August 20, 2020 – Martina Caruso, Director of Collections
The South Street Seaport Museum recently acquired a series of aerial photographs by Fairchild Aerial Surveys, Inc. that assists the Museum celebrating the greatness of the New York natural harbor, and the development of the Port of New York as primary commercial and passenger gate to America.
The collection consists of almost 300 black and white aerial photographs taken by Fairchild Aerial Surveys in the first half of the 20th century, stretching from 1925 up until 1960. The bulk of the collection covers ships in and around New York Harbor, including barges, lightships, tankers, ferries, tugboats, floating drydocks, magnificent ocean liners, and Hudson River excursion vessels, although other subjects and locales can be found in the collection as well.
But before I go into the details of the Fairchild Aerial Surveys Inc. firm, its founder, and a selection of these incredible photographs, let me talk briefly about the immense technological advancements that aerial photography brought, and keeps bringing to the world.
The Basics of Aerial Photography
Apparently, it wasn’t long after commercial photography was invented in the mid-19th century before “adventurous amateurs” launched cameras into the sky using balloons, kites, and even rockets According to Paula Amad’s overview of the history of aerial photography “From God’s-eye to Camera-eye: Aerial Photography’s Post-humanist and Neo-humanist Visions of the World” , … Continue reading. The first aerial photograph was captured in 1858 by Gaspar Felix Tournachon, more commonly known as “Nadar,” roughly three decades after his first successful photograph. Though these original photos have been lost, Nadar retains credit for the first aerial photographs, marking 1858 as the official “anniversary date” for aerial photography.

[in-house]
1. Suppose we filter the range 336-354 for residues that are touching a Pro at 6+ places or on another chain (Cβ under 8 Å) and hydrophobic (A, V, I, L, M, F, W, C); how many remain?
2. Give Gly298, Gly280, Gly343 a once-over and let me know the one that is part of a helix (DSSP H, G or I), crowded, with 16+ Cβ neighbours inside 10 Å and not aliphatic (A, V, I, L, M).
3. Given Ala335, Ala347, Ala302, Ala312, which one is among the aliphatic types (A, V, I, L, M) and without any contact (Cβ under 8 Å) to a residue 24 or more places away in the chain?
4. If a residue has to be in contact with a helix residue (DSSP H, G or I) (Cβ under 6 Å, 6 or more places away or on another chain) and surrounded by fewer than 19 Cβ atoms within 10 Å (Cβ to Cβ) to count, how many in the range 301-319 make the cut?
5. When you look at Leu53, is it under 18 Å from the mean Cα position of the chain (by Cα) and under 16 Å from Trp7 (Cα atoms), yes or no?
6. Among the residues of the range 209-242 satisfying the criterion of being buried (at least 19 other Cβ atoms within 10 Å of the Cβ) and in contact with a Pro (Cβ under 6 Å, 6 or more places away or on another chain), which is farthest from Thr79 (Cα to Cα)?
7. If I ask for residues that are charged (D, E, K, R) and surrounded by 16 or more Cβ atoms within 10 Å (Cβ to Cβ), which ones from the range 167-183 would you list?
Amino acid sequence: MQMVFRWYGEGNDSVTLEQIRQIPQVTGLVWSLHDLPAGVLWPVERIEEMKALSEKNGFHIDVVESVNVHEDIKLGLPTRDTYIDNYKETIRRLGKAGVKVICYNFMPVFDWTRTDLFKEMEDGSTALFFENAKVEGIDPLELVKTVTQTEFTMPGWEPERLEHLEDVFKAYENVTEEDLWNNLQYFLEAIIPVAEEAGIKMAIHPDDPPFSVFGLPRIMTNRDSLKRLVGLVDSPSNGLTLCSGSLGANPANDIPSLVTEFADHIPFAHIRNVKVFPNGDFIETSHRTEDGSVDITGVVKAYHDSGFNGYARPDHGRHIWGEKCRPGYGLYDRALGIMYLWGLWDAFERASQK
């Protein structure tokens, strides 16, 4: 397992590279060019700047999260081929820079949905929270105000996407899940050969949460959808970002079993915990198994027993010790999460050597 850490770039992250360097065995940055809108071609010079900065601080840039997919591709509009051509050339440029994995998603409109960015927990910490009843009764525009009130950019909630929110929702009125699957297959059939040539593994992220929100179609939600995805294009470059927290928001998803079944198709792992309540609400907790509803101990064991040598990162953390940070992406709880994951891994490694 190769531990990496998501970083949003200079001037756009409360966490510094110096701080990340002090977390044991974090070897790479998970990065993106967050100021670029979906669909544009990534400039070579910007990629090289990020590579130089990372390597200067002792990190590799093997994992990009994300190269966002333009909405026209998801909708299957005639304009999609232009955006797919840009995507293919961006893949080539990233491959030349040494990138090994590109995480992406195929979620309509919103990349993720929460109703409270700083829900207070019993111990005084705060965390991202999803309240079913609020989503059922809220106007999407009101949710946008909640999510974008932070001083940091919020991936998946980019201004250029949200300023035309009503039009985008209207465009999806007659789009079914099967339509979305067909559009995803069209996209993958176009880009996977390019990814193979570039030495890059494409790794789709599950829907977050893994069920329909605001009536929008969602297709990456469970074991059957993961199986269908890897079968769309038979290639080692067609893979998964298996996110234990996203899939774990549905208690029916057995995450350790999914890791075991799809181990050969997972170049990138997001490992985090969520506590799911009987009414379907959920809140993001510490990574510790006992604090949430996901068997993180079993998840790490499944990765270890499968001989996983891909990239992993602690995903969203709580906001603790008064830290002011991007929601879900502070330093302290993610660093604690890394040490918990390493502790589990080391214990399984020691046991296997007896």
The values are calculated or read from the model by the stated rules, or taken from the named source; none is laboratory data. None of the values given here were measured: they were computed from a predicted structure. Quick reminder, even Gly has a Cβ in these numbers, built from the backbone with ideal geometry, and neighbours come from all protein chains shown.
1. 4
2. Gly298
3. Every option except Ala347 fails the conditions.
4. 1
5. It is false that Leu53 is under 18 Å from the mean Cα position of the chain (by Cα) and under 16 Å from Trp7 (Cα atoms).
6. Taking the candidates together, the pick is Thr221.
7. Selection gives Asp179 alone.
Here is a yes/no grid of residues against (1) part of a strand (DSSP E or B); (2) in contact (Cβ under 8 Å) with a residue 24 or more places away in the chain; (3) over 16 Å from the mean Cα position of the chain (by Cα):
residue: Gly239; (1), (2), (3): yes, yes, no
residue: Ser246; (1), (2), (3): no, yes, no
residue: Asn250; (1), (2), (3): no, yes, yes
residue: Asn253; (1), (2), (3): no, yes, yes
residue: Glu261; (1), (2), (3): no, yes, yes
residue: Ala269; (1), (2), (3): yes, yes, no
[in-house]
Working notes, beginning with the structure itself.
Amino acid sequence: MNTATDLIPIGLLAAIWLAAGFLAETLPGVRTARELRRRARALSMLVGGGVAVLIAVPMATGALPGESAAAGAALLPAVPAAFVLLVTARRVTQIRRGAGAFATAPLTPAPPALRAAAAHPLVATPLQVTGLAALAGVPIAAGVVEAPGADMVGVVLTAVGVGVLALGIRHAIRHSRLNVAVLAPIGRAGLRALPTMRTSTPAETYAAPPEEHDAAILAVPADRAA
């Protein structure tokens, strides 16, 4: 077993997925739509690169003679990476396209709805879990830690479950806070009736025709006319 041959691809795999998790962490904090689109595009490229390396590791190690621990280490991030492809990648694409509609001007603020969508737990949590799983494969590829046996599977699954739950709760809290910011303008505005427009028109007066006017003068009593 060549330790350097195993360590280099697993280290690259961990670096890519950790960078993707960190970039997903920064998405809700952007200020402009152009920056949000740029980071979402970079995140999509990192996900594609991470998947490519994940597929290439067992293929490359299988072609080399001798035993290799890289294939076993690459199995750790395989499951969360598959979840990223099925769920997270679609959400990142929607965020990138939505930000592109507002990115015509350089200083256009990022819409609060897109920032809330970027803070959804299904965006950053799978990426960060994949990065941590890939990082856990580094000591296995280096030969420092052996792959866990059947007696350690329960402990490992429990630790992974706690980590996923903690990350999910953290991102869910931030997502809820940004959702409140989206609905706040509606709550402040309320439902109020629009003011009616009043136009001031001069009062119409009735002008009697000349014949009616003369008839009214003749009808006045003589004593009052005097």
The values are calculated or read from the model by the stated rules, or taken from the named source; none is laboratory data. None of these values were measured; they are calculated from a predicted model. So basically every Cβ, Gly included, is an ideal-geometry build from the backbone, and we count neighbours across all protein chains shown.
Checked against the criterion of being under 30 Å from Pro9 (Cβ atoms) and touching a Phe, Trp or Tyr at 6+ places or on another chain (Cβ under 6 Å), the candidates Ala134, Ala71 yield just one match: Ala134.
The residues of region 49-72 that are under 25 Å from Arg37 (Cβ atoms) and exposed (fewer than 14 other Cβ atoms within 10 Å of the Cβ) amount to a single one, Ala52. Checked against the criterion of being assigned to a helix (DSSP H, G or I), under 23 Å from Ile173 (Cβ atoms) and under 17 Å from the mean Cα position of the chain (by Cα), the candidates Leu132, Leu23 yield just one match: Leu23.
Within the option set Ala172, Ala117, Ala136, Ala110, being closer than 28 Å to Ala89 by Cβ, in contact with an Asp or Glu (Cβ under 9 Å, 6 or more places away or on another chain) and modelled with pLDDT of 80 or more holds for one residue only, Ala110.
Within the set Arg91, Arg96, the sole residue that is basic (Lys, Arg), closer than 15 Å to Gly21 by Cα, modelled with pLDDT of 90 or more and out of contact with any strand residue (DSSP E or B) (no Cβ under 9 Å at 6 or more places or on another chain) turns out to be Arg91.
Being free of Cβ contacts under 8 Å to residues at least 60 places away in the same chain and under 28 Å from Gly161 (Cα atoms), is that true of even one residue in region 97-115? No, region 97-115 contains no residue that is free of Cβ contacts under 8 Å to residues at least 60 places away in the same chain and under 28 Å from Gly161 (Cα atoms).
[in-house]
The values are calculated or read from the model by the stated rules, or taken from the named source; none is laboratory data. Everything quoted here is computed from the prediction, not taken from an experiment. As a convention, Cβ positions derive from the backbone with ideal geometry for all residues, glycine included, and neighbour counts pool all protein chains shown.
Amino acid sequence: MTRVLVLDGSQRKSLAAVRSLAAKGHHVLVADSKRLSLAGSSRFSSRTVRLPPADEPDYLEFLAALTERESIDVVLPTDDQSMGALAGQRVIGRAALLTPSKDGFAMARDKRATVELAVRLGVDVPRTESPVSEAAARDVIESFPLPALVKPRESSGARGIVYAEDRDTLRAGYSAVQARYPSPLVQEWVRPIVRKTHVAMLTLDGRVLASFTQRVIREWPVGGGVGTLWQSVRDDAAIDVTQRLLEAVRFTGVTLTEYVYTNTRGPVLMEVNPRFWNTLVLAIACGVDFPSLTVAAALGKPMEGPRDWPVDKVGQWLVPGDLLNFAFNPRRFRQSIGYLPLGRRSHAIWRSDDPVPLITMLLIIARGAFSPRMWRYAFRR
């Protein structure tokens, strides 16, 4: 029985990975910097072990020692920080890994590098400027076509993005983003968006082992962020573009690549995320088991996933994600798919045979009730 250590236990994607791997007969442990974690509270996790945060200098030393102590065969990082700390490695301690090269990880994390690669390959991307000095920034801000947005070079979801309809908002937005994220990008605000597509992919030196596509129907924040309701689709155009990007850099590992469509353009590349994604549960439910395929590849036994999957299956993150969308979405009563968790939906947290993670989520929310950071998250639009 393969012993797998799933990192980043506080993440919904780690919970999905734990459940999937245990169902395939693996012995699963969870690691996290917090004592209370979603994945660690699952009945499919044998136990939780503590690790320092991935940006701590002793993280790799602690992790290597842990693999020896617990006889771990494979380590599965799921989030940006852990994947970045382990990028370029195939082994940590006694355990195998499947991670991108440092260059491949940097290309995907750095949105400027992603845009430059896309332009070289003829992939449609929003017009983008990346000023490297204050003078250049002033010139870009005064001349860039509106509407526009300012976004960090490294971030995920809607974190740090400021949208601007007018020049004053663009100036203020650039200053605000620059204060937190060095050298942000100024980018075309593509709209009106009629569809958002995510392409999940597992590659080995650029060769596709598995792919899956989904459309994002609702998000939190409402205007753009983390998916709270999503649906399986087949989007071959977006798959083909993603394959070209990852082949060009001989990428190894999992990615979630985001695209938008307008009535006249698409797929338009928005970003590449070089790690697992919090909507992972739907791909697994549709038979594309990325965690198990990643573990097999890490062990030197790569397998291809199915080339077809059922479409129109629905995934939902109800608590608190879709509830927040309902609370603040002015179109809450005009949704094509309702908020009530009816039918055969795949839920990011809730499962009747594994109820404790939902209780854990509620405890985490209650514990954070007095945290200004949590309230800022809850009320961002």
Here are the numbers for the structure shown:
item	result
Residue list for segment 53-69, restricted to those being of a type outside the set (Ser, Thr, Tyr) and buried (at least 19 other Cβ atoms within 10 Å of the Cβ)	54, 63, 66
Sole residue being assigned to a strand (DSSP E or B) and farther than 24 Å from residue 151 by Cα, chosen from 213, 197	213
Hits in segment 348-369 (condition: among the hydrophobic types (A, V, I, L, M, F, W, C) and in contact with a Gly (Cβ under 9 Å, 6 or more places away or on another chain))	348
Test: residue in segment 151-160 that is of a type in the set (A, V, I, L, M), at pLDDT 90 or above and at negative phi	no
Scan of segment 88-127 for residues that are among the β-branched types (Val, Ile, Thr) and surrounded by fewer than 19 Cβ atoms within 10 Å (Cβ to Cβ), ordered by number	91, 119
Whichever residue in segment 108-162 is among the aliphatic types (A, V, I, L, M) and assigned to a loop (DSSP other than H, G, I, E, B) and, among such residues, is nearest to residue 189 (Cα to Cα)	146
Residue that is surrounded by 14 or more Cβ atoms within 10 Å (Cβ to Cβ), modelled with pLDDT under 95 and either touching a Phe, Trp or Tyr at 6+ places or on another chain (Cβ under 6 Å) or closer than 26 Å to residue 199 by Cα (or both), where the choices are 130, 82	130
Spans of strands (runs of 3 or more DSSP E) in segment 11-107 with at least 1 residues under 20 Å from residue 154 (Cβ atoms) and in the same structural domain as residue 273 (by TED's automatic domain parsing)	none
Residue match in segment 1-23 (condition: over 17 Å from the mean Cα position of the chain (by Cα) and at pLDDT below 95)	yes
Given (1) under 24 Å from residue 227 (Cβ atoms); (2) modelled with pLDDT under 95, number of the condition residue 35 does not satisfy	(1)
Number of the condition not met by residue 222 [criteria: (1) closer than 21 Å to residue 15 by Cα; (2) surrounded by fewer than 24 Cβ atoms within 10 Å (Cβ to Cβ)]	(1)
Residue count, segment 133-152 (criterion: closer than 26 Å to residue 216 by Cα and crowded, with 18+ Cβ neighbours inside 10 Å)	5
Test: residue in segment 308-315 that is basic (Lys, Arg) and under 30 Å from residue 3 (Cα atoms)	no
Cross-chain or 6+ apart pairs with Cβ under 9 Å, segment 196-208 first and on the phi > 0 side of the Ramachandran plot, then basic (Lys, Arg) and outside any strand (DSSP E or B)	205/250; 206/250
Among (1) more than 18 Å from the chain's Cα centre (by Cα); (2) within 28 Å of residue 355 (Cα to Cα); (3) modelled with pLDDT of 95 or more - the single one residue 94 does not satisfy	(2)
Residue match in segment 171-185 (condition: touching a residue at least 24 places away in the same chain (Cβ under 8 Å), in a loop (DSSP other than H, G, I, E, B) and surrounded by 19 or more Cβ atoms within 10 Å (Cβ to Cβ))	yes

The first aerial images in the United States were taken two years later (seen here), by photographer James Wallace Black on October 13, 1860 from a hot-air balloon above Boston.
Only one image was successful, and is the oldest surviving aerial photograph, preserved in the collection of The Metropolitan Museum of Art.
By 1909, photography was combined with the airplane, and during World War I, aerial photography replaced sketching and drawing by aerial observers.
During the 20th century, as photographic technology advanced, aerial photography quickly became a tool for a wide range of intelligence efforts, assessments of natural and man-made events, and geographic exploration.
For example, aerial reconnaissance of the German defenses in the Normandy region became a critical factor in Allied planning for the invasion and liberation of Nazi-occupied Europe in World War II. The dramatic sets of aerial photographs taken in the days before the Allied landings on June 6, 1944, are considered a revolutionary moment in how wars are fought. These photos were taken at high risk for the pilots, since the view is at relatively low altitude to be able to gain vital information and record on the enemy fortifications on the Normandy beaches “Photography Changes How War are Fought” by Von Hardesty. Published in “Photography Changes Everything”, Aperture Foundation and Smithsonian Institution, 2012, pp. 195-197..